the Townsend Harris Hall students. Nineteen hundred and live.
therefore, was the beginning of Harris activities.
In 1906 the Public School Athletic League started a basketball
tournament. Townsend Harris Hall entered a team, and for the first
time Harris was represented in interscholastic athletics. This team,
practically the same one that featured for C. C, N. Y. a few years
later, captured lirst honors in the iirst and second tournaments C1906-
1907 and 1908-190917, and gained for Harris a high position in the
athletic lield. Nineteen hundred and six rounded out and completed
the work of the preceding year, and, from a shaky foundation in 1905,
the Spring of 1907 saw Harris activities a reality, and Harris a
member of the Public School Athletic League.
Qnly one thing was lacking and that was an Alumni Association.
This, however, came more recently than the other innovations. Not
until Tune, '13, did any one entertain the idea of founding an Alumni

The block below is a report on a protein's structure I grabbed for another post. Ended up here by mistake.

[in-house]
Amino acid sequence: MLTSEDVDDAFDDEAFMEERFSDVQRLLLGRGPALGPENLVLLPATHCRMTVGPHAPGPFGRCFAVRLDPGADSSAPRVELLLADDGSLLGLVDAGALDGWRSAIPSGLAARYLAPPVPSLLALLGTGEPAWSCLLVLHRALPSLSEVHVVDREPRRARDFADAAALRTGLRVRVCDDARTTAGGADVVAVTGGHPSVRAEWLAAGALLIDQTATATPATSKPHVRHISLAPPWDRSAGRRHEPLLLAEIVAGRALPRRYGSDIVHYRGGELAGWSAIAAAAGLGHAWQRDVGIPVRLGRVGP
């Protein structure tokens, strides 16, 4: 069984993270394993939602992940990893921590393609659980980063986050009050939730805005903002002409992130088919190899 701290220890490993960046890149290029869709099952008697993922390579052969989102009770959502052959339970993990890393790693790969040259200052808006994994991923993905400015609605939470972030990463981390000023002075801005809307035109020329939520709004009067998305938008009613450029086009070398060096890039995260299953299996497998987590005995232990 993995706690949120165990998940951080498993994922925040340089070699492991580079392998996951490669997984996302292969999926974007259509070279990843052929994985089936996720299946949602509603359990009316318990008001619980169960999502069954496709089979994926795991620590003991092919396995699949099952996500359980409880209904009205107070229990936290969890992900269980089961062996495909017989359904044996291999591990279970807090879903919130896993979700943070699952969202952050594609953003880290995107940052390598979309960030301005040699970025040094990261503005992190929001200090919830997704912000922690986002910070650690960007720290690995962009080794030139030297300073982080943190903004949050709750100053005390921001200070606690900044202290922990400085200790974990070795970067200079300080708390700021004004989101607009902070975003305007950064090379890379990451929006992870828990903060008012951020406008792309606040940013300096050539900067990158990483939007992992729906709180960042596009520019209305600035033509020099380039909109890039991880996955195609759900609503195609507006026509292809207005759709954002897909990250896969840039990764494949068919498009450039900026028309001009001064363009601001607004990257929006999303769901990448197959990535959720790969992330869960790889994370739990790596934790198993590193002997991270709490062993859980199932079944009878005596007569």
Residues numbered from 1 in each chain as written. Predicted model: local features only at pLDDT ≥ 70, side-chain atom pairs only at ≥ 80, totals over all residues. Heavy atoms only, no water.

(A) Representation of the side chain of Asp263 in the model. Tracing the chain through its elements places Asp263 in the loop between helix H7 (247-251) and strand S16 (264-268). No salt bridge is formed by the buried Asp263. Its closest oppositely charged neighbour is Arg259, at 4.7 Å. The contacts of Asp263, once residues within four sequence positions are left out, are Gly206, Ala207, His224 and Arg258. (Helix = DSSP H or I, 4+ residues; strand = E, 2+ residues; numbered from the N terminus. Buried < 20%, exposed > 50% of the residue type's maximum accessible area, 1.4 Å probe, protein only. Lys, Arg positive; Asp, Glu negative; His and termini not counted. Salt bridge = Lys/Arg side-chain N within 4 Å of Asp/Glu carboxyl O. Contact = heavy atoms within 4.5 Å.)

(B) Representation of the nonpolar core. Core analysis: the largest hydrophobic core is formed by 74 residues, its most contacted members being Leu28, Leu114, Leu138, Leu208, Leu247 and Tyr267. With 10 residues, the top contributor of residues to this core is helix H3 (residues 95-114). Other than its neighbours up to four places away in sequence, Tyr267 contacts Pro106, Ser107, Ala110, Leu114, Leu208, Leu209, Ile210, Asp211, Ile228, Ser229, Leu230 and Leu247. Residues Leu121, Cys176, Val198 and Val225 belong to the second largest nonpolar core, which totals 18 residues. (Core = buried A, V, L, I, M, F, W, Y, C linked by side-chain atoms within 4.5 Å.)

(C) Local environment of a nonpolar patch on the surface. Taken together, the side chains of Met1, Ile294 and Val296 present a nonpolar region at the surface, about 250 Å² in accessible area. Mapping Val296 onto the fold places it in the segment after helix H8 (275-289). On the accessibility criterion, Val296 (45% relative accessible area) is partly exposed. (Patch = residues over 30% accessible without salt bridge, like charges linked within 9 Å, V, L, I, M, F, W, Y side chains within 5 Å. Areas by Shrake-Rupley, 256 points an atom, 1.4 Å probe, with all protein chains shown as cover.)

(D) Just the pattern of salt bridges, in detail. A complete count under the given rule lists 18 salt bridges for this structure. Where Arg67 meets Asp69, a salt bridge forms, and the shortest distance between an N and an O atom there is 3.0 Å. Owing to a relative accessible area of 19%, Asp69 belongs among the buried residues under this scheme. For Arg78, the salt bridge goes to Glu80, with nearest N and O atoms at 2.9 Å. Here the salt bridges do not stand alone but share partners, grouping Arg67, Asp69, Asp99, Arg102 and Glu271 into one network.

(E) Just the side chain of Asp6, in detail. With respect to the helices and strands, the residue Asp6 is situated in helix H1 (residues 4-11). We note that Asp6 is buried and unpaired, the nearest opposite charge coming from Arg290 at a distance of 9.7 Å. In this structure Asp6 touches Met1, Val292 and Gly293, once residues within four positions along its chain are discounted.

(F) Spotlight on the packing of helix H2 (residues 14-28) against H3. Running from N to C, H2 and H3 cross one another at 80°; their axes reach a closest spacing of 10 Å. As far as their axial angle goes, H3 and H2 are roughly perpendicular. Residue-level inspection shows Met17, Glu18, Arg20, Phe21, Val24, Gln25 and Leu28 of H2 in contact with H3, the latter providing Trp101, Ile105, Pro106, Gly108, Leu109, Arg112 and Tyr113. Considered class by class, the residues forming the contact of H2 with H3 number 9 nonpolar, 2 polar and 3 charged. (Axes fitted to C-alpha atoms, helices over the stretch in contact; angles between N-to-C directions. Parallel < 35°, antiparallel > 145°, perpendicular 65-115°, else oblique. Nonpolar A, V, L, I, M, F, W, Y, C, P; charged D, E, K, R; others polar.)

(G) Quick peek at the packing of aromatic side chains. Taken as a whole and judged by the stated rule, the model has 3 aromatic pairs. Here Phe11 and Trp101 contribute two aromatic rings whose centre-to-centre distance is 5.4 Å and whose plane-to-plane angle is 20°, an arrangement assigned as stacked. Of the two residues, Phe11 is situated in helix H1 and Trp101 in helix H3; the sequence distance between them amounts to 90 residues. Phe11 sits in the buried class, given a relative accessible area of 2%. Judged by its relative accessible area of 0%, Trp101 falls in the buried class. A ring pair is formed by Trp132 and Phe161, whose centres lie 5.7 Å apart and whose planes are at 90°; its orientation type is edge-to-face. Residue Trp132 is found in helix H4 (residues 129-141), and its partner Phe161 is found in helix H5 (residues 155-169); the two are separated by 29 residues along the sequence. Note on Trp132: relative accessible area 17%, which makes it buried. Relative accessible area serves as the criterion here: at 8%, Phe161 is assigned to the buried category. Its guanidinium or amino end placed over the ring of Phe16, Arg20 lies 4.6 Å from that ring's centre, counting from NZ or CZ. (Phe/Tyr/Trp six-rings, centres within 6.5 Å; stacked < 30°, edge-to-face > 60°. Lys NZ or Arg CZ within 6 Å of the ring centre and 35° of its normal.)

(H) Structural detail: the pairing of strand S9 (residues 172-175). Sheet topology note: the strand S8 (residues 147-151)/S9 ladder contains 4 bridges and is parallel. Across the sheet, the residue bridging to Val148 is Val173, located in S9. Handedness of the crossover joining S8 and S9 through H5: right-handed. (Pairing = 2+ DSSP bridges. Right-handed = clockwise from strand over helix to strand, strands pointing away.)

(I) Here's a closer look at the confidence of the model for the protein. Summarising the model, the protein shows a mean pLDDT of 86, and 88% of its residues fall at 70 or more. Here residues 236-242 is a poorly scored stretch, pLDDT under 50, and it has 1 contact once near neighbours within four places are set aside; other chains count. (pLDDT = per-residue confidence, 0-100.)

Association. During that year a committee was formed, consisting
of Otto Y. Tabor, Theodore Greenbaum and several others, all C. C.
N. Y. men, to form such an organization. This committee was ham-
pered by many things. Lack of funds, the disinterestedness of the
graduates, and its inability to get in touch with the older graduates
were the chief obstacles. lt was difficult, also, to communicate with
the fellows who had gone to other colleges than C. C. N. Y.
The class of February l9l-l learned of this budding association,
and decided to see the thing through. A large amount of the surplus